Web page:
DiversifYA: Heather Kaczynski
|October 14, 2013||Posted by DiversifYA under DiversifYA, Mental Illness and Neurodiversity||
Today, DiversifYA welcomes Heather Kaczynski to the blog! Heather writes books about teenagers saving the world–because she believes they can–and works in a library on an Army post. She is currently seeking representation for a YA SF about a half-Indian teenage girl who competes for a chance to go into space. (Awesome, right?!) She blogs and tweets, and joins us today with a wonderful look into social anxiety and panic disorder.
1. How do you identify yourself?
In general, I’m a girl scientist, a former band geek, an animal lover, a writer, and a wife. I’ve had social anxiety disorder all my life, and in college I was additionally diagnosed with panic disorder.
2. What did it feel like growing with social anxiety and panic disorder?
It felt like being locked in a tiny box without a key. I felt incredibly restricted by my own fears. From childhood, I had a lot of trouble in social situations – which really meant anytime I was in public. I was afraid to go out, but I had no idea what I was afraid of. The worst part was not being able to explain to my parents what was wrong, because I didn’t have the words to describe why I couldn’t bear to do things that were normal, things that I enjoyed. But I have the words now.
Imagine what it feels like to be taken to the guillotine to be executed – to be walked out of a prison cell on your way to the electric chair. To me, that was the total-body terror of facing certain situations that were perfectly benign, like going to school or church or softball practice. Things like ordering food and talking on the phone induced the same fear in me as if I had been asked to jump out of an airplane without a parachute. I once went an entire day without eating during a school trip, because we stopped for fast food and I couldn’t make myself talk to the cashier. I went a year without using the restroom at my elementary school because I was afraid to ask to be excused. I used to beg my mom, in tears, to let me stay home from school or to write me an excuse so I wouldn’t have to give a speech in class. Those things felt like the end of the world, and I didn’t feel strong enough to handle them.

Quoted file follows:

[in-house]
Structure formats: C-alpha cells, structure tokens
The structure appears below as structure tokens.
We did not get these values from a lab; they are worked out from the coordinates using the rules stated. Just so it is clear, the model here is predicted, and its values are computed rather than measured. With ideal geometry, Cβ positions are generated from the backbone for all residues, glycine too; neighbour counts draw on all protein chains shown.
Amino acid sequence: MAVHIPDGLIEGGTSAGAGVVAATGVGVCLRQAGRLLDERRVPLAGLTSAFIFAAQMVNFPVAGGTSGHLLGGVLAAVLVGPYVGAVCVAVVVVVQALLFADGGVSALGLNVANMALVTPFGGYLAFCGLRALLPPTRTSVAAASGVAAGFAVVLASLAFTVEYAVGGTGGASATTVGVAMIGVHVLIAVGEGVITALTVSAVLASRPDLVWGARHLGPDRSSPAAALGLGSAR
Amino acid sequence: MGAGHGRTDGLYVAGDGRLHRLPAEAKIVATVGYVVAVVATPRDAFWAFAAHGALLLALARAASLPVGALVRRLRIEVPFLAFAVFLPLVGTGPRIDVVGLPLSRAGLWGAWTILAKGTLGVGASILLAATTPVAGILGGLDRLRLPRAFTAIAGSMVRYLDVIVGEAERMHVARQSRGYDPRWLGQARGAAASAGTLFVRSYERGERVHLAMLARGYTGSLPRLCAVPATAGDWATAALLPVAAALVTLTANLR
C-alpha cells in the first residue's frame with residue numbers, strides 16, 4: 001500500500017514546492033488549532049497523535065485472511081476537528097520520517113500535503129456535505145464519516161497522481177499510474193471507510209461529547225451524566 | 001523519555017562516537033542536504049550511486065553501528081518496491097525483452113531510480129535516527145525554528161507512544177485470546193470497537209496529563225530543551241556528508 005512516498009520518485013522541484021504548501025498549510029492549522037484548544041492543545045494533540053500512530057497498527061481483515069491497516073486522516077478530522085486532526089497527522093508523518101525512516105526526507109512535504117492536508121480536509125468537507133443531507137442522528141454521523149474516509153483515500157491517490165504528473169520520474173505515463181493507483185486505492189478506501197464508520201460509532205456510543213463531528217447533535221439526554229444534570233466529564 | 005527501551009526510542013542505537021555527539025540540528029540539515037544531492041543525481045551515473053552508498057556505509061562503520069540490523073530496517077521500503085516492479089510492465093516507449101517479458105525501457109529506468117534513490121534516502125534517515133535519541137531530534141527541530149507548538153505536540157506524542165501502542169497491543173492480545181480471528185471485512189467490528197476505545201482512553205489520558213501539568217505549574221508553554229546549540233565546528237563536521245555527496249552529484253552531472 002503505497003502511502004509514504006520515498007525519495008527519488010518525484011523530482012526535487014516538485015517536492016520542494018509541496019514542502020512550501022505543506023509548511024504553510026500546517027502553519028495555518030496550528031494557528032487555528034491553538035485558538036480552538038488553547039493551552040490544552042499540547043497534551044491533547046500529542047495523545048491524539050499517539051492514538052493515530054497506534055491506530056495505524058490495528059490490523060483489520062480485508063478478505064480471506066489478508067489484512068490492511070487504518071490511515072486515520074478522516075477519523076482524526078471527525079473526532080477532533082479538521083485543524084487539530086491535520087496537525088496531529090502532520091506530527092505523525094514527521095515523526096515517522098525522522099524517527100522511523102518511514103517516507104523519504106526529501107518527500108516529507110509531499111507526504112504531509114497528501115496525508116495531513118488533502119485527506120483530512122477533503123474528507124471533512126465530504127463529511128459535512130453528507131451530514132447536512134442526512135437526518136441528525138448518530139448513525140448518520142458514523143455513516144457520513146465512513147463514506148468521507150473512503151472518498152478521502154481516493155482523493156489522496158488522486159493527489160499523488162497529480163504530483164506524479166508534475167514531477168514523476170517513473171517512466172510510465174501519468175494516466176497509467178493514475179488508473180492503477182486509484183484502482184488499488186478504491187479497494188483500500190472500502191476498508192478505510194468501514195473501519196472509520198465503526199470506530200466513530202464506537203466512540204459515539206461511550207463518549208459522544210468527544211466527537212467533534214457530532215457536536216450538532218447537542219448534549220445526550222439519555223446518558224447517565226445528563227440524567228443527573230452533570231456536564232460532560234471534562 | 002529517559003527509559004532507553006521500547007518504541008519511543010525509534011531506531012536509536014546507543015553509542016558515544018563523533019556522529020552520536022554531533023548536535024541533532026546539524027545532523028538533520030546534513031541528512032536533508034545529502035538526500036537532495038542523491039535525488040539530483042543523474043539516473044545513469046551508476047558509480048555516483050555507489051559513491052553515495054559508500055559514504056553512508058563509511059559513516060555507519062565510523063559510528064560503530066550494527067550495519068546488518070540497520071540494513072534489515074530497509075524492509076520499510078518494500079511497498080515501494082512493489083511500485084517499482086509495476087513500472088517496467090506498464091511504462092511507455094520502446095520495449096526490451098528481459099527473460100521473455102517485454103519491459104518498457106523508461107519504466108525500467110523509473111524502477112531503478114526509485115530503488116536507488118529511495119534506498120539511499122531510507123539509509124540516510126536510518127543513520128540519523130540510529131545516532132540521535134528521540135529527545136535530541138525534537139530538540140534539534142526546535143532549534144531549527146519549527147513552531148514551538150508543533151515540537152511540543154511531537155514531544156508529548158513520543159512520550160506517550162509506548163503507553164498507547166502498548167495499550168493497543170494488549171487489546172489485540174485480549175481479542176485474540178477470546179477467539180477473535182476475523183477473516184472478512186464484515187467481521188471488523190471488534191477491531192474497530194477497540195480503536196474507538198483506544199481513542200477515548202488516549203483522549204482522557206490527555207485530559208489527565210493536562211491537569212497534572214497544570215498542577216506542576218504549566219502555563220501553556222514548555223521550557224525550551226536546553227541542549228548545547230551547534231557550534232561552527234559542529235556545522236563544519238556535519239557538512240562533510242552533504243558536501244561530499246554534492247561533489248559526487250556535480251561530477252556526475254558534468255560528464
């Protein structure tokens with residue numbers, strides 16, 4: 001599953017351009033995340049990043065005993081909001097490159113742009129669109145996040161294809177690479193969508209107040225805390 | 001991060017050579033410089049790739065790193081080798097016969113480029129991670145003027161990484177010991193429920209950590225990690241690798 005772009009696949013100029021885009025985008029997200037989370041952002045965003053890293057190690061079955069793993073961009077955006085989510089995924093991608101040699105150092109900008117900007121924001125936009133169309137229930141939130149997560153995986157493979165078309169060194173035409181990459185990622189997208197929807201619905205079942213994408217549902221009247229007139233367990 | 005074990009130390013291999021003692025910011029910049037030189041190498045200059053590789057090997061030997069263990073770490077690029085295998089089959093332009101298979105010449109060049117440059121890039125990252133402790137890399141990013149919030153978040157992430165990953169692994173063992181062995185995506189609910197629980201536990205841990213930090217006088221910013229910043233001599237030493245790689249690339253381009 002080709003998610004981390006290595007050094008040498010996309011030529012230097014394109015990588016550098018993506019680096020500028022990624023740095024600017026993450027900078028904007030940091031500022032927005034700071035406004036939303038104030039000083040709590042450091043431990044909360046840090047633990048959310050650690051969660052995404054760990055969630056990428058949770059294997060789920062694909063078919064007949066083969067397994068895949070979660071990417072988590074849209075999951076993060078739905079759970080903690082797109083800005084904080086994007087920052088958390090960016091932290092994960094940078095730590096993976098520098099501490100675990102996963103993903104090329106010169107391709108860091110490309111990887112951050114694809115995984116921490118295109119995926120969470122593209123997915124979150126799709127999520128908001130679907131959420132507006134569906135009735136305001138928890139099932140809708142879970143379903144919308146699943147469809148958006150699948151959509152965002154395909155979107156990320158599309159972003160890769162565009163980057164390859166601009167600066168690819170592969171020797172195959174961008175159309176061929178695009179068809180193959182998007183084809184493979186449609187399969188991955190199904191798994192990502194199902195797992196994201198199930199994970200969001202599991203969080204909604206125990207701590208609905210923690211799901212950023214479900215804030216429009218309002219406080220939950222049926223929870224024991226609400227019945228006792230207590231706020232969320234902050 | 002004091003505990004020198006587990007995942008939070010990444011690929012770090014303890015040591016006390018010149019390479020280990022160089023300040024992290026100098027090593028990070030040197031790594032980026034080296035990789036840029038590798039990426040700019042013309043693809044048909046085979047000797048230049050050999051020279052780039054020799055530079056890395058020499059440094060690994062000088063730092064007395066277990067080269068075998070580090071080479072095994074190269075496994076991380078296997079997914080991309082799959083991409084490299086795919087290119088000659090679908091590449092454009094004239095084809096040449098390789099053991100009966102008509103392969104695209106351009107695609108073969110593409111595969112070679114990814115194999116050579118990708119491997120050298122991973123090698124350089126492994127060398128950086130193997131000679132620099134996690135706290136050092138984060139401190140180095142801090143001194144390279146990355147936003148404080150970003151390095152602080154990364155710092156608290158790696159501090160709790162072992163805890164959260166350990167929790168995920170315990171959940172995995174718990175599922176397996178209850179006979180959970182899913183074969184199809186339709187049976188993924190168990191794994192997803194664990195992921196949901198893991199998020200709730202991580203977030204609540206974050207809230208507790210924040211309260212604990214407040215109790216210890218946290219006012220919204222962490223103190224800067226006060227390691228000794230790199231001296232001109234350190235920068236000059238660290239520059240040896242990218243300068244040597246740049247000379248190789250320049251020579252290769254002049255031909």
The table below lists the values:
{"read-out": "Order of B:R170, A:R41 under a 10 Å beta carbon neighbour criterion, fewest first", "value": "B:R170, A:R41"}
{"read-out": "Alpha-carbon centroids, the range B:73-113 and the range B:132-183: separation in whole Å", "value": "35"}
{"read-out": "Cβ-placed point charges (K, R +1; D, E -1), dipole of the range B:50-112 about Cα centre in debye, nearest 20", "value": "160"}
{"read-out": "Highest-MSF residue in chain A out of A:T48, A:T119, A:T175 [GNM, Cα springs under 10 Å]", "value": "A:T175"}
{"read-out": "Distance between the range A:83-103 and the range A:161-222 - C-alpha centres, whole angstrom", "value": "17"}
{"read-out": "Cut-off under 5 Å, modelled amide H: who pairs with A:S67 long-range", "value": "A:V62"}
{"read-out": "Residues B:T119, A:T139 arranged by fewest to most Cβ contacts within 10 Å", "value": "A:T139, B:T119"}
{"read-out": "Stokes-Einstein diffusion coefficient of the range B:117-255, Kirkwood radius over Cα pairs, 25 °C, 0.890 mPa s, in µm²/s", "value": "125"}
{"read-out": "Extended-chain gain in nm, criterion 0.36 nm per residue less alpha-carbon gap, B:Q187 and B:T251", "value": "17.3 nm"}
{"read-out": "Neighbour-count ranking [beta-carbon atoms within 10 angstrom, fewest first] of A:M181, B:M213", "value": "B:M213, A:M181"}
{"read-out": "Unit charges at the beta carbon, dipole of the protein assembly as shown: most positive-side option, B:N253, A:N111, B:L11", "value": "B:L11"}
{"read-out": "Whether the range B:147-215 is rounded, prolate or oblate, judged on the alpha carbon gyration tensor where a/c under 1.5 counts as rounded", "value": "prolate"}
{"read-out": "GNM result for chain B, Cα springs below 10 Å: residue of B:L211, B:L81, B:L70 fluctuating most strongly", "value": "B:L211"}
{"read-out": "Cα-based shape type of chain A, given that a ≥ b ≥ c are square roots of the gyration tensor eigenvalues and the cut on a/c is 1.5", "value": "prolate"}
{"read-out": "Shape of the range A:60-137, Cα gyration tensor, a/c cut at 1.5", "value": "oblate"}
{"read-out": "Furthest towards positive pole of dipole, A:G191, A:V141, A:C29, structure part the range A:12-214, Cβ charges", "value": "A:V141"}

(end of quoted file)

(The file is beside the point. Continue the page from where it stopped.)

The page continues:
In seventh grade I started taking anti-depressants and going to counseling, which helped get me to a place where I could see the world as a little less frightening, a little more possible. I gradually got a little better with handling my anxiety until college, where my anxiety manifested itself in panic attacks at random times. First I’d be sitting in class on a normal, no-stress day, and suddenly feel like I was having a heart attack: my chest hurt, my heart raced, I felt like I was choking, like I was losing my mind. My brain just kept telling me to get out, get out, get out! I started leaving classes early. Then I’d have a panic attack in my car on the way to class, and, afraid of getting into a car accident, I stopped going to class. Then I’d start to panic in the grocery store. Then the movie theater. So I avoided those things, too.
I was fast becoming agoraphobic. It didn’t help that in my junior year of college, there was a mass shooting at my university which left three of my college faculty dead. One of my professors had shot six people in the same building where I spent all my time. My life-long anxieties had been confirmed: I now went into every room with a plan for how to escape from it. And I escaped a lot.